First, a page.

David B. Reath, MD
Knoxville, TN (865) 450-9253

My Plastic Surgery Pet Peeve: Up-Selling

up-sellingLike every other plastic surgeon, I see many patients who have already been to see another plastic surgeon – most are looking for second opinions, or another expert’s take on the solution to their concerns. I have noticed that the people who are the most unhappy with their previous consultations are those who have been given what they think is an overly-complicated solution to treat their problem. And by that I mean one which treats issues which are not a concern to them or one that treats something entirely different than what they came in to talk about. It’s like going to a furniture store to buy a chair, and being pushed by a salesman to buy two chairs, a sofa, coffee table, and two end tables. And, by the way, how about a couple of lamps? Up-selling may be good for business, but it is not so good for plastic surgery.

What I’ve learned along the way
I always start my consultations with a simple question: “What can I help you with?” And not: “Let me tell you all the things I can do for you.” I was told early on in my plastic surgery training that it is wise not to address something that is not a concern to the patient, particularly in cosmetic surgery. They may be perfectly happy with the shape of their nose, but once a plastic surgeon says something about it, they start thinking that there really is a problem with their nose when it never bothered them before. Put in somewhat more medical terms, it’s hard to make an asymptomatic patient better. The trap I try to avoid is when a patient comes in and says “Tell me what I need to have done.” I will always direct the conversation to the things that bother the patient most.

Here’s the kind of plastic surgery up-selling that really bugs me….
A typical situation is a patient who comes in for breast augmentation. She may have a little difference in nipple height which has never bothered her, even when it is pointed out. Insisting that she have a breast lift on one side to correct this, may not be what she wants. In fact, it will increase the amount of scarring which may be more noticeable than the difference in nipple height. And, if I as a plastic surgeon push this on her, she will not be happy with the consultation or her final result.

(Interestingly, we have seen an increase in patients being told they need more involved breast surgery after consultations with other plastic surgeons using imaging systems like Vectra. These systems create what I like to think of as an avatar type depiction of the body. However, since it is not a living, breathing, moving body, mild asymmetries can be made to look much greater than they do on the body in real life. This can lead to a more involved surgical plan than may be necessary or desired.)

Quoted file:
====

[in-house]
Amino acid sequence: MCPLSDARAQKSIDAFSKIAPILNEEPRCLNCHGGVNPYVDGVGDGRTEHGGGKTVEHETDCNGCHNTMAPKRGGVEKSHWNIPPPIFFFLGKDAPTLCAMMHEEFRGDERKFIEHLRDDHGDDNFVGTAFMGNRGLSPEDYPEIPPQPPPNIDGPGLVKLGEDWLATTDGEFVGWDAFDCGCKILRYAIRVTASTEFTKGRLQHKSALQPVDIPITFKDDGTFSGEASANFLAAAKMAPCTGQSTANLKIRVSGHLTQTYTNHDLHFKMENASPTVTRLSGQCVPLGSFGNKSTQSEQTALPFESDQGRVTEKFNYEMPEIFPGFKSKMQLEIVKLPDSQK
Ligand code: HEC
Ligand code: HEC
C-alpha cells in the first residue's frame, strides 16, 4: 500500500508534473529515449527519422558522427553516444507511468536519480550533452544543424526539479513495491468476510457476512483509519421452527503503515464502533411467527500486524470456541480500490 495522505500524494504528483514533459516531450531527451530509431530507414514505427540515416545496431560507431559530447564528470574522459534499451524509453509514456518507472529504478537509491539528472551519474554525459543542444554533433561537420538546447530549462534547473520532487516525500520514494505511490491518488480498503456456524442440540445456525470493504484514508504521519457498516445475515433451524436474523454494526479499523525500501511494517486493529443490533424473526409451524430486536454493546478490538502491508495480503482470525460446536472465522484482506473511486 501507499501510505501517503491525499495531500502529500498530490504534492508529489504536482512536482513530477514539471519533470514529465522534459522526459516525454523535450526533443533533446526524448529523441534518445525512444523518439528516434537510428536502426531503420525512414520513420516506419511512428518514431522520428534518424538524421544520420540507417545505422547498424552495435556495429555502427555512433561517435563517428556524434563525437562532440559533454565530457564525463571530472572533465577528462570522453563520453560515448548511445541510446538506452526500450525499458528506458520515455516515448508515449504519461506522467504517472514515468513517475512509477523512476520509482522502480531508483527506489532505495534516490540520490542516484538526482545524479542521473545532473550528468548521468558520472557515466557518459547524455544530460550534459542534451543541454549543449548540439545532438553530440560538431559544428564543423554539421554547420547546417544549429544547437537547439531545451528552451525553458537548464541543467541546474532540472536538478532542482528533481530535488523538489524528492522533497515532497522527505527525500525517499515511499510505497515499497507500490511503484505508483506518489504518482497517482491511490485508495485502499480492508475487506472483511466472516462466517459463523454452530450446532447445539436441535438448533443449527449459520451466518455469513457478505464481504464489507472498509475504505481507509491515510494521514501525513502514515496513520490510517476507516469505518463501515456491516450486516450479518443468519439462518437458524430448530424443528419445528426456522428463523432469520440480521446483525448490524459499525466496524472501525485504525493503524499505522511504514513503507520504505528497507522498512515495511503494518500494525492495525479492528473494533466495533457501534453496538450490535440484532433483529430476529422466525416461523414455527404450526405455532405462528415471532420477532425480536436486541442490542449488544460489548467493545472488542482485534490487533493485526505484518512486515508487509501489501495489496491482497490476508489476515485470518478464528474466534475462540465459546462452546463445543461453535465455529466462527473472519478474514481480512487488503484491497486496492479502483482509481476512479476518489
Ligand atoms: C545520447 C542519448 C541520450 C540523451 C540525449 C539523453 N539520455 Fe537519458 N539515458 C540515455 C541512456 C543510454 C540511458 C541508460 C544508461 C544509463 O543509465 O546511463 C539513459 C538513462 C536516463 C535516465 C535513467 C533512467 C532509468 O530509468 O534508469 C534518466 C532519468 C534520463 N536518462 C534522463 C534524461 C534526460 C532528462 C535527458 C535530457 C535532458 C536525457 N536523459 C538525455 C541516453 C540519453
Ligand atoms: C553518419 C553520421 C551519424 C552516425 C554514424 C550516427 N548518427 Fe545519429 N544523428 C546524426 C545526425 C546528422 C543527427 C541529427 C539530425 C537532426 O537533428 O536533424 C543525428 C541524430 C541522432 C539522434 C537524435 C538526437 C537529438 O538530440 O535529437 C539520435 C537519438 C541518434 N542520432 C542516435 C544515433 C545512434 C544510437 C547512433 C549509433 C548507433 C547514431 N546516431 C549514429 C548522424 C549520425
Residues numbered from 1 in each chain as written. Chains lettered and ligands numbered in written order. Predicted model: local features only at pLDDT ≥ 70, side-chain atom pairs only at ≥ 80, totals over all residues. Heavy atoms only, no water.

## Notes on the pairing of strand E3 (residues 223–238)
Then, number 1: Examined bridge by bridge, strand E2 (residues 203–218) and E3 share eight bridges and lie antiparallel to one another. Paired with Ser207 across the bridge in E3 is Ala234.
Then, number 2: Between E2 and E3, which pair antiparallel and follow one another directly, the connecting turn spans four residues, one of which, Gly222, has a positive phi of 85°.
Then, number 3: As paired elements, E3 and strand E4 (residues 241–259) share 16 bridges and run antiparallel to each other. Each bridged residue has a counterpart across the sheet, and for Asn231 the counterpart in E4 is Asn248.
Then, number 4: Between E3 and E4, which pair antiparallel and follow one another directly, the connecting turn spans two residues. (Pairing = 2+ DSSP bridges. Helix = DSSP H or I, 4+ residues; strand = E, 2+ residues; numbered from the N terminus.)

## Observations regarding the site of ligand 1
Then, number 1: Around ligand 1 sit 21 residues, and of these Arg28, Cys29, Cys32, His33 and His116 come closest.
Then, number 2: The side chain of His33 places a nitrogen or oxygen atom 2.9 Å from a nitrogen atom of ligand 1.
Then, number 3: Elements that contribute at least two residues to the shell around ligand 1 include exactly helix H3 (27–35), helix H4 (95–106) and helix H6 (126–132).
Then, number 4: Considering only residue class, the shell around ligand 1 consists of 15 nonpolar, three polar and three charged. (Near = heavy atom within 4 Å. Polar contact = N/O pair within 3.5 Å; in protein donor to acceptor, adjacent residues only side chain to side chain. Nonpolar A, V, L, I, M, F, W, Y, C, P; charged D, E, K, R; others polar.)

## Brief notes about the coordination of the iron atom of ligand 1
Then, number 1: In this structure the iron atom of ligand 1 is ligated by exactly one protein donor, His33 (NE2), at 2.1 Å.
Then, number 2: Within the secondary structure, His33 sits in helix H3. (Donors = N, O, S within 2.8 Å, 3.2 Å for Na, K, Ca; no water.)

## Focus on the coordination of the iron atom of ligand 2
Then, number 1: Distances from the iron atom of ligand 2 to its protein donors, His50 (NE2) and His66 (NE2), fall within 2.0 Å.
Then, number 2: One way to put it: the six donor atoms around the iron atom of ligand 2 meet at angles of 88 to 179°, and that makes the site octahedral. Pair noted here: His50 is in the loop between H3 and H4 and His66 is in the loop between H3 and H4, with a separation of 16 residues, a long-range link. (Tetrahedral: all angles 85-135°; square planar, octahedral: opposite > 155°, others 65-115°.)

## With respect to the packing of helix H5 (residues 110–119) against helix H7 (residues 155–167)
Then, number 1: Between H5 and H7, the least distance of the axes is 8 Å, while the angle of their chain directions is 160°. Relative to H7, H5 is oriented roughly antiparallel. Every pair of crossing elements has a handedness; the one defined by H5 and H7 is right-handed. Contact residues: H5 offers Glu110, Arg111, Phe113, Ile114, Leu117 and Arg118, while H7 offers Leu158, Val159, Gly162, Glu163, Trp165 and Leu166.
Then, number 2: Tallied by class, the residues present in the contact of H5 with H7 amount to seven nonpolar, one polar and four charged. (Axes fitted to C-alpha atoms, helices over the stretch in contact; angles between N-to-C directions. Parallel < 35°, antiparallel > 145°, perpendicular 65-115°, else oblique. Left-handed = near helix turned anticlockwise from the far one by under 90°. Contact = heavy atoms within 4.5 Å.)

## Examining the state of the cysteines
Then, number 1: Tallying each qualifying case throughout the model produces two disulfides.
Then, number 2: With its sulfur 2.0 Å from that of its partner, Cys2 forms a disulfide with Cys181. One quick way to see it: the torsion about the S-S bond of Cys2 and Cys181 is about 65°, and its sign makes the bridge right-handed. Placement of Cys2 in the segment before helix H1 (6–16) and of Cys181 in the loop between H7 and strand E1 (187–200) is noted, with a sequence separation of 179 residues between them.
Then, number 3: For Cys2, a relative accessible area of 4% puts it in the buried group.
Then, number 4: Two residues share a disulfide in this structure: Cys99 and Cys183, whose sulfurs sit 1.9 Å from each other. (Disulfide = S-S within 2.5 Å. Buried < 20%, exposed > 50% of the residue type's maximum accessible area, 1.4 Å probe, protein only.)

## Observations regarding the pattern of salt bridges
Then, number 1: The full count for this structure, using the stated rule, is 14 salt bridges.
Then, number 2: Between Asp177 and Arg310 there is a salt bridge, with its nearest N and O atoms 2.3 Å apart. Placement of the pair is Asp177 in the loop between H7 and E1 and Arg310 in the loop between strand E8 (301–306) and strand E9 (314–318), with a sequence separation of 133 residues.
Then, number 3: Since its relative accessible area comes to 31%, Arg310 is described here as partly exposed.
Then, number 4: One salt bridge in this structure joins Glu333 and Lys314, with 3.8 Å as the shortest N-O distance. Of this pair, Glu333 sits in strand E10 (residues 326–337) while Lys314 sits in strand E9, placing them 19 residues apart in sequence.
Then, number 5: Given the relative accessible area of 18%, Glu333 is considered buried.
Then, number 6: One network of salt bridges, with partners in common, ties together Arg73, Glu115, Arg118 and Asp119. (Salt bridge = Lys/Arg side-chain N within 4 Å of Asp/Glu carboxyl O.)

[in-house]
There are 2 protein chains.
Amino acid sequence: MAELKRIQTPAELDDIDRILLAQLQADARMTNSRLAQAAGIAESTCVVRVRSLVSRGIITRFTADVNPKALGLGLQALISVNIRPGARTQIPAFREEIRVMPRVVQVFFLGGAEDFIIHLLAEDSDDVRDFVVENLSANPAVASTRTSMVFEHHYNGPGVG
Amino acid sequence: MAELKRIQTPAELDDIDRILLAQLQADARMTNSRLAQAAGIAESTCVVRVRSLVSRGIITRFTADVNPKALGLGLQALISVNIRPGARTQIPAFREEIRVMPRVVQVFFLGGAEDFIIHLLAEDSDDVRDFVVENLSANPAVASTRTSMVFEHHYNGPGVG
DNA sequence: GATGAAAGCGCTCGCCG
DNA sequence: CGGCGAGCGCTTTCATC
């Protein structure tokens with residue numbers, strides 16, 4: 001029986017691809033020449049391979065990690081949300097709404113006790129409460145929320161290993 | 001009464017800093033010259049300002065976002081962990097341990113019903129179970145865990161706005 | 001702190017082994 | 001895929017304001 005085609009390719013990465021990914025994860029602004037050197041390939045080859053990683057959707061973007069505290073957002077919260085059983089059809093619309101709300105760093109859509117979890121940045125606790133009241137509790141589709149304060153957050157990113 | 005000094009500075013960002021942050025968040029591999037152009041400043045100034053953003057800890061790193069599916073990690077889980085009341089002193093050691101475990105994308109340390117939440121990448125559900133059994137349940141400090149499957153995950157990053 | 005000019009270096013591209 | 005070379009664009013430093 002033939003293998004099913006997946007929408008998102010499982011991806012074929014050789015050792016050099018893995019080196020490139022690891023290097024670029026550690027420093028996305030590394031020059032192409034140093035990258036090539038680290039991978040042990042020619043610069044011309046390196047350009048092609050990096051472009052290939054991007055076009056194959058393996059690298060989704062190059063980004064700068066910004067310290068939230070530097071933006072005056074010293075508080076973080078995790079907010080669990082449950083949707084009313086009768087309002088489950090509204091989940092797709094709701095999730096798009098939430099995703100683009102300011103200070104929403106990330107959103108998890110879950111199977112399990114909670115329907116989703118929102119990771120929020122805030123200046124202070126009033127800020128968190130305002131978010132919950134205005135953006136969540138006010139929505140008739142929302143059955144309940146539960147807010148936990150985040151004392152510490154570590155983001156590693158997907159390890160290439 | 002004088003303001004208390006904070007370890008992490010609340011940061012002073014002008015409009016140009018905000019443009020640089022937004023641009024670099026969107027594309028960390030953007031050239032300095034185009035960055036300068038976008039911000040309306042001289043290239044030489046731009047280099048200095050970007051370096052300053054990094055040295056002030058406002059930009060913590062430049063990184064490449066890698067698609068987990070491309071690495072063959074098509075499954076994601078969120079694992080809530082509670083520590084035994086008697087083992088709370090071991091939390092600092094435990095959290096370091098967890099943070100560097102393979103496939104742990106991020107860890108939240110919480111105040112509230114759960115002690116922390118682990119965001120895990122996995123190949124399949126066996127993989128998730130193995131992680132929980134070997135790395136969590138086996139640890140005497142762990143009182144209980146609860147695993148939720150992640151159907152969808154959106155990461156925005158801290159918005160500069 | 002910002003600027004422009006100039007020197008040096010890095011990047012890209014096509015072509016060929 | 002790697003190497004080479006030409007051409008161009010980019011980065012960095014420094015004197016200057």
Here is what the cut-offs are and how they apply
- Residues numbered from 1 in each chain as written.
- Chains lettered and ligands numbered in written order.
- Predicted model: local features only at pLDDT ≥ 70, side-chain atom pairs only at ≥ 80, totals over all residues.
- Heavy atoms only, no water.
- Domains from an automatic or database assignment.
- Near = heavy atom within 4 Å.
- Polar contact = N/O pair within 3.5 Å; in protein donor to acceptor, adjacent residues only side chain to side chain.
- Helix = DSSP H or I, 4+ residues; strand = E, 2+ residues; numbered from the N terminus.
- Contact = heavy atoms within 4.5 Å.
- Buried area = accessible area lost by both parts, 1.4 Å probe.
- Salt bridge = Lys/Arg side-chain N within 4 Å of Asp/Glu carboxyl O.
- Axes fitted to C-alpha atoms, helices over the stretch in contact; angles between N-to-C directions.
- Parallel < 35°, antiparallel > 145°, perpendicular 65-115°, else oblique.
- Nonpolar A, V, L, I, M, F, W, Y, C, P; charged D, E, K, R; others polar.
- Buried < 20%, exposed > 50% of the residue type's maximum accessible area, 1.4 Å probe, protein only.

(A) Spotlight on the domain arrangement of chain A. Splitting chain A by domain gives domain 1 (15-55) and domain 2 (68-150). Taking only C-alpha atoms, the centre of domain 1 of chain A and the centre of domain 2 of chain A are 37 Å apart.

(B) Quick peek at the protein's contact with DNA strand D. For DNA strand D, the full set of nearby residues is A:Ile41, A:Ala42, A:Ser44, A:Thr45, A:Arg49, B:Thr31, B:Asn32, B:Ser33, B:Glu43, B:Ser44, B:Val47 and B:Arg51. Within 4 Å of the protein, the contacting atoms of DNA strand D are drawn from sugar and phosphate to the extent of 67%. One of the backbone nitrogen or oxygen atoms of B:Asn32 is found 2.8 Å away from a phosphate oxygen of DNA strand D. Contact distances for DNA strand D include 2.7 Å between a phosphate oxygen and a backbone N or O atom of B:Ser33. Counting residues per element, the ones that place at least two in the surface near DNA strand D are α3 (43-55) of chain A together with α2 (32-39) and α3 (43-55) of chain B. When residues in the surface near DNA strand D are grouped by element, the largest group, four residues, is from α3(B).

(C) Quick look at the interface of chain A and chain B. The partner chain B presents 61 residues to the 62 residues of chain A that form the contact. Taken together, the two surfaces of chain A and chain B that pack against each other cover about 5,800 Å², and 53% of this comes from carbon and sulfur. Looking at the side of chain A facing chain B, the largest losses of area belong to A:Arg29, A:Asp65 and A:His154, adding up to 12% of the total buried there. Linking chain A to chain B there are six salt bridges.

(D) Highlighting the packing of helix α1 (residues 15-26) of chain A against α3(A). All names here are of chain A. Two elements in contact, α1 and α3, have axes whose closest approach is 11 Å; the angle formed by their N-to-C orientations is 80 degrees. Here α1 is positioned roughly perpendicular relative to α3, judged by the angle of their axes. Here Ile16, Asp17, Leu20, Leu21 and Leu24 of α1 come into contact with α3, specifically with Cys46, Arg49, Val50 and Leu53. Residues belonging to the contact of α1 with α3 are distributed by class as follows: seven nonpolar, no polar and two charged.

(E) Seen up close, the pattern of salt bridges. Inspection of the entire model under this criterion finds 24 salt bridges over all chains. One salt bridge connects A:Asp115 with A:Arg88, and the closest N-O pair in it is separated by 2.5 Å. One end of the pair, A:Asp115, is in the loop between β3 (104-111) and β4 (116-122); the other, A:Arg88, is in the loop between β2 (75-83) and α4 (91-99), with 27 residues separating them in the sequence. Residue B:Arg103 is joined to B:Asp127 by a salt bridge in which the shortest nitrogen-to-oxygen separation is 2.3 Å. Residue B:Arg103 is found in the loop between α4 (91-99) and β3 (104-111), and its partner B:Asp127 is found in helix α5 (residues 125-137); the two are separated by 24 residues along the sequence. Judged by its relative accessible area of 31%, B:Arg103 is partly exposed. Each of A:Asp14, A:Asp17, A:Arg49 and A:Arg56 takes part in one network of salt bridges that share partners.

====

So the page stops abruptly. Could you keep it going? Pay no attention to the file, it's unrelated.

Patients who have had this experience are really upset by it. They wonder if something is really wrong with their body. Or if there if something wrong with them because they never noticed it, or are not really concerned about it. And it really bugs me when they have been put in this situation, because the plastic surgeon has not listened to them.

Not listening to the patient bugs me a lot too.
Can you imagine seeing someone for a facelift and insisting that they have a forehead lift (brow lift) as well, when they are not at all concerned with the appearance of their forehead, eyebrows, or eyes? Or suggesting to a woman who is getting a tummy tuck that she should get breasts implants when she is not unhappy with their breasts? These are situations where it is better to focus on what the patient wants, and not what the surgeon wants for them – as long as this is a reasonable option.

When it is necessary to recommend something other than what a patient initially asks for.
I frequently see this in women seeking breast augmentation, who also have a significant amount of sagging. In these cases I will recommend a breast lift with the augmentation, because I know they cannot achieve the result they want with just a breast enlargement. And for some patients, this is not something they are willing to do, in which case I will not operate on them, and we part our ways amiably. Another situation is a patient who has loose skin in an area of the body and wants to treat with liposuction alone. In this setting it is my job to tell them they need a lifting procedure because liposuction alone in their case will only make the skin looser.

Other options may be out there.
Frequently there are different options to treating the same problem. This is where a frank discussion of what can be expected from each treatment option is very important. Dialogue between the patient and the plastic surgeon is the only way to come up with the best treatment option. But the burden is definitely on the plastic surgeon to make sure that there is a very good understanding on the patient’s part of what to expect from the different options.

The relentless pursuit of perfection and absolute symmetry can be frustrating, unrewarding, and frequently unsuccessful. There are certain anatomic features of bodies that will not allow this. And, symmetry is not something we usually see in nature. But that’s probably the topic for another blog…

Your bottom line (not your surgeon’s) is what’s important.
In any event, I have found it best to listen to the patient and address that particular patient’s concern. If you are in a situation where this is not happening, this could be a good time to seek other opinions.

All the best,

Dr. David B. Reath
David B. Reath, M.D.

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